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Bates Motel: Showrunner Kerry Ehrin blogs The Vault

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Cate Cameron/A&E

Norma and Norman Bates are arguably the most complicated mother-son duo on television. They’ve got enough secrets to last a lifetime. And with that in mind, Bates Motel showrunner Kerry Ehrin is blogging some of the show’s most pivotal episodes, breaking down exactly what’s happening and why.

“The Vault” is a truly pivotal episode for Norma and Norman Bates, and it is, at its heart, a story about emotional healing. We wanted to tell the story this season of Norma and Norma being separated, and slowly allowing themselves to trust someone other than only each other. This is the episode where all these plates start spinning, and it was directed masterfully by Olatunde Osunsanmi.


We also wanted to dig into Norman’s past. What made him who he is? Why does he have dissociative identity disorder (also known as DID)? For people who may not know what DID is, it is a condition that can be brought on by repeated trauma in early childhood. Basically, if a child is consistently in a terrifying or threatening situation, they will literally “hide” inside themselves and create alternate, “stronger” personalities to go out and handle it. It is a fascinating disorder and contested by doctors. Some feel it doesn’t really exist. Others confirm its existence and have noted such things as blood pressure dropping or eye color changing when patients are in their alternate personalities. (Some people have asked why Norman doesn’t have alternates besides “Mother.” I actually think he does. I think Mother won’t let them out. We may see some of them in the future.)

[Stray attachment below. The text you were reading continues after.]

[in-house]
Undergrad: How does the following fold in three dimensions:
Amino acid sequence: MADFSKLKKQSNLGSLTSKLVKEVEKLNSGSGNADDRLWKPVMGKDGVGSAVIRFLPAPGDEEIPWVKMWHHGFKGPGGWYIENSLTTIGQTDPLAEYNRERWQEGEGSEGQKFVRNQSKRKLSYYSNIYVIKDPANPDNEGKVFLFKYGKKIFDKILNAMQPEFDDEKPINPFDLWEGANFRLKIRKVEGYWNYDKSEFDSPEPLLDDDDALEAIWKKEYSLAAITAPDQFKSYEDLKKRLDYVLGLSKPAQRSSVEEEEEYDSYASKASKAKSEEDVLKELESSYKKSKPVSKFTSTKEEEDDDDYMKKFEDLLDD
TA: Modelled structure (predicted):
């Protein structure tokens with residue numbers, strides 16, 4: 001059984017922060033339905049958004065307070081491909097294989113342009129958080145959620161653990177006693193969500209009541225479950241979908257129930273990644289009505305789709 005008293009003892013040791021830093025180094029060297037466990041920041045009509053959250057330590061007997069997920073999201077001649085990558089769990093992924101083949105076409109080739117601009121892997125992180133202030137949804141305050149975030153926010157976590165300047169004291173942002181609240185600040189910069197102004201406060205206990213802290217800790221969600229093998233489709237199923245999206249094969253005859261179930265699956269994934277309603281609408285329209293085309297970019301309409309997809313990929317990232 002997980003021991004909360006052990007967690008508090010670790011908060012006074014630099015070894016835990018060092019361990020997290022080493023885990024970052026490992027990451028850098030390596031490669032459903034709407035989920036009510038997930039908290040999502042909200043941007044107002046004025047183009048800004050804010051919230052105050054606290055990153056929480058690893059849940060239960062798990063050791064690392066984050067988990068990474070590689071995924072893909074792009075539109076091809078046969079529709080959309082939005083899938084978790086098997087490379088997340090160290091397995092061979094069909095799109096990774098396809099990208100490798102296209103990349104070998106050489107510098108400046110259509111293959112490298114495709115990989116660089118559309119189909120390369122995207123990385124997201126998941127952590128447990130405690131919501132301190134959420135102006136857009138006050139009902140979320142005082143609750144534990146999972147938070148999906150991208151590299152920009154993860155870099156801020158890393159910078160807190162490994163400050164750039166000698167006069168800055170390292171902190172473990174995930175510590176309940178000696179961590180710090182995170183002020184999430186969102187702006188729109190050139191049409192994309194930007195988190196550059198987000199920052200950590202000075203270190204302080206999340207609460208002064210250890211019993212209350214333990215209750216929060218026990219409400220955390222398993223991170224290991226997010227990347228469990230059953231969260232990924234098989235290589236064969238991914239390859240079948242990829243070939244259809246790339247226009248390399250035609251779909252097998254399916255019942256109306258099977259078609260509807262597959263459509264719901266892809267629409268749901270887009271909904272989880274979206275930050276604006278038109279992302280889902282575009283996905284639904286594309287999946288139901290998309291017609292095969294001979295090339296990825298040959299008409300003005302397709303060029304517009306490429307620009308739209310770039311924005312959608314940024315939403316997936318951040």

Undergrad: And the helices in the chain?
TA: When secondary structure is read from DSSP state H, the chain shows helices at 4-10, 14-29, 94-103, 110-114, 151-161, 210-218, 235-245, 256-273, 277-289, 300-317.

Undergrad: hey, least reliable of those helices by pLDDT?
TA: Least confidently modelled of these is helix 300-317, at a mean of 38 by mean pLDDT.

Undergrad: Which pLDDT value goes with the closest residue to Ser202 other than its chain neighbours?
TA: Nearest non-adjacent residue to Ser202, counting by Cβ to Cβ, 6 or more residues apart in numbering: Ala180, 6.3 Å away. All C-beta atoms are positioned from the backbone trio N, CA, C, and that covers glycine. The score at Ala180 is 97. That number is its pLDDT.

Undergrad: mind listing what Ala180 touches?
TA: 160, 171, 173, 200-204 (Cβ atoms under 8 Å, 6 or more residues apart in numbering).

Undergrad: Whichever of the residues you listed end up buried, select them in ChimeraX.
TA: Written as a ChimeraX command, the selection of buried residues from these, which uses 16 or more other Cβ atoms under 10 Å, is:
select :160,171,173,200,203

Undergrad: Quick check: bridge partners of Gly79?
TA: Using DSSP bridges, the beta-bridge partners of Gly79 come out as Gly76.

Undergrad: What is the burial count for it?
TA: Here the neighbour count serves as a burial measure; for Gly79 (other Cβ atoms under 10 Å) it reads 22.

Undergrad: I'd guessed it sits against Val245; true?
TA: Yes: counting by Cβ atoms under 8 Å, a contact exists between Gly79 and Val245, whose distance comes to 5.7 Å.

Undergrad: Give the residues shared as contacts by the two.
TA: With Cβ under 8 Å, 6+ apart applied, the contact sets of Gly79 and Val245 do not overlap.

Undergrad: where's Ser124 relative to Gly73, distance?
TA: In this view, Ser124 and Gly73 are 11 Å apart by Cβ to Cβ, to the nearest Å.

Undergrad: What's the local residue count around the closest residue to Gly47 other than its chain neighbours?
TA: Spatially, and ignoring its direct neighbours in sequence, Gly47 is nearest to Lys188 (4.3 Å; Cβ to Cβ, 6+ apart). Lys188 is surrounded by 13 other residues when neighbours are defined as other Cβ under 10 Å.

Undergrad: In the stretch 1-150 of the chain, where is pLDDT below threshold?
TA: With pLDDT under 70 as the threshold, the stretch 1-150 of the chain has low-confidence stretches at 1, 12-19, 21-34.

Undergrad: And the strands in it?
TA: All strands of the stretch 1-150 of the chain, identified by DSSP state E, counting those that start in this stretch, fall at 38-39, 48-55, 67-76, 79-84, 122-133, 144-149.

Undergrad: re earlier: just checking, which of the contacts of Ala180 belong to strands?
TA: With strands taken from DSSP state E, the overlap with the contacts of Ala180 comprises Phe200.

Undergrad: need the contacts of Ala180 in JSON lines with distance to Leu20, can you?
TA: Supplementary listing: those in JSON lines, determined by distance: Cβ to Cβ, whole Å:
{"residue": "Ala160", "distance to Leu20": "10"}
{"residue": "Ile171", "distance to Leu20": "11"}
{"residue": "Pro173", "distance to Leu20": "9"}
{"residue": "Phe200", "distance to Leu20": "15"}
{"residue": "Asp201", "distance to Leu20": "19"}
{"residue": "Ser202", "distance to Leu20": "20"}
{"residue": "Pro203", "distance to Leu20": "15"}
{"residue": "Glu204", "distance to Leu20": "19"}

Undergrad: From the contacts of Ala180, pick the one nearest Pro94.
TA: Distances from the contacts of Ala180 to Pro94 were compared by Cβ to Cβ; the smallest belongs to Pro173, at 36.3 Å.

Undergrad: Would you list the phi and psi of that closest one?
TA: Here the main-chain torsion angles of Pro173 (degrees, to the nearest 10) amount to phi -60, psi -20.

So now that Norman has finally started to trust his doctor enough to begin to open up in front of him, we have these amazing scenes of Norman actually trying in therapy. And he’s terrified. Because he doesn’t know what’s in that black hole of his childhood that he’s shut out. It’s a riveting performance by both Freddie Highmore and Damon Gupton, who plays Dr. Edwards. (And for Hitchcock fans, Dr. Edwards is a name from the only psychological thriller that Alfred ever set in a mental institution, Spellbound.)

What Norman uncovers in these sessions with Dr. Edwards is truly horrific. We see the violent dysfunction he grew up with, we see that his mother did not know how to handle it and was in over her head. We see the incredible bond that was forged between Norma and Norman in the heat and heartbreak of this chaos. And we begin to understand why they are so important to each other; why Norma has created a relationship with her son where he is more like an equal than a child. He is her emotional partner. The ironic thing is that they are not “adults” together; he hasn’t lifted him up from “son” to “husband” status. They are both emotional children who cling to each other for safety and love. That is why it’s so bloody hard for Norma to have relationships with other men. On the surface, she knows Norman is her kid. But she is terrified on a deeper level of losing him if she connects with another man. They are truly co-dependent and feel they will dissolve without the other. But because they have never had therapy or been enlightened about it, they can’t understand it beyond the instinctual conviction that they will die without their “connection,” each to the other.

Meanwhile, Norma, for the first time in her life, has allowed herself to truly connect with a man. And a good man, Alex Romero. (Well, “good” by White Pine Bay standards. I personally love him because he loves Norma and he’s good to her.) She is experiencing a bliss and a peace she has never known because for the first time in her life she doesn’t have to worry about Norman’s safety. She knows he is being cared for and helped. So she has found herself deeply connecting to Romero. And now Chick Hogan (played by the amazing Ryan Hurst) has appeared on her doorstep to “fix her stained glass window” — but really he is trying to find out where Caleb (Norma’s brother) is, as Caleb left him for dead last season in a violent fight.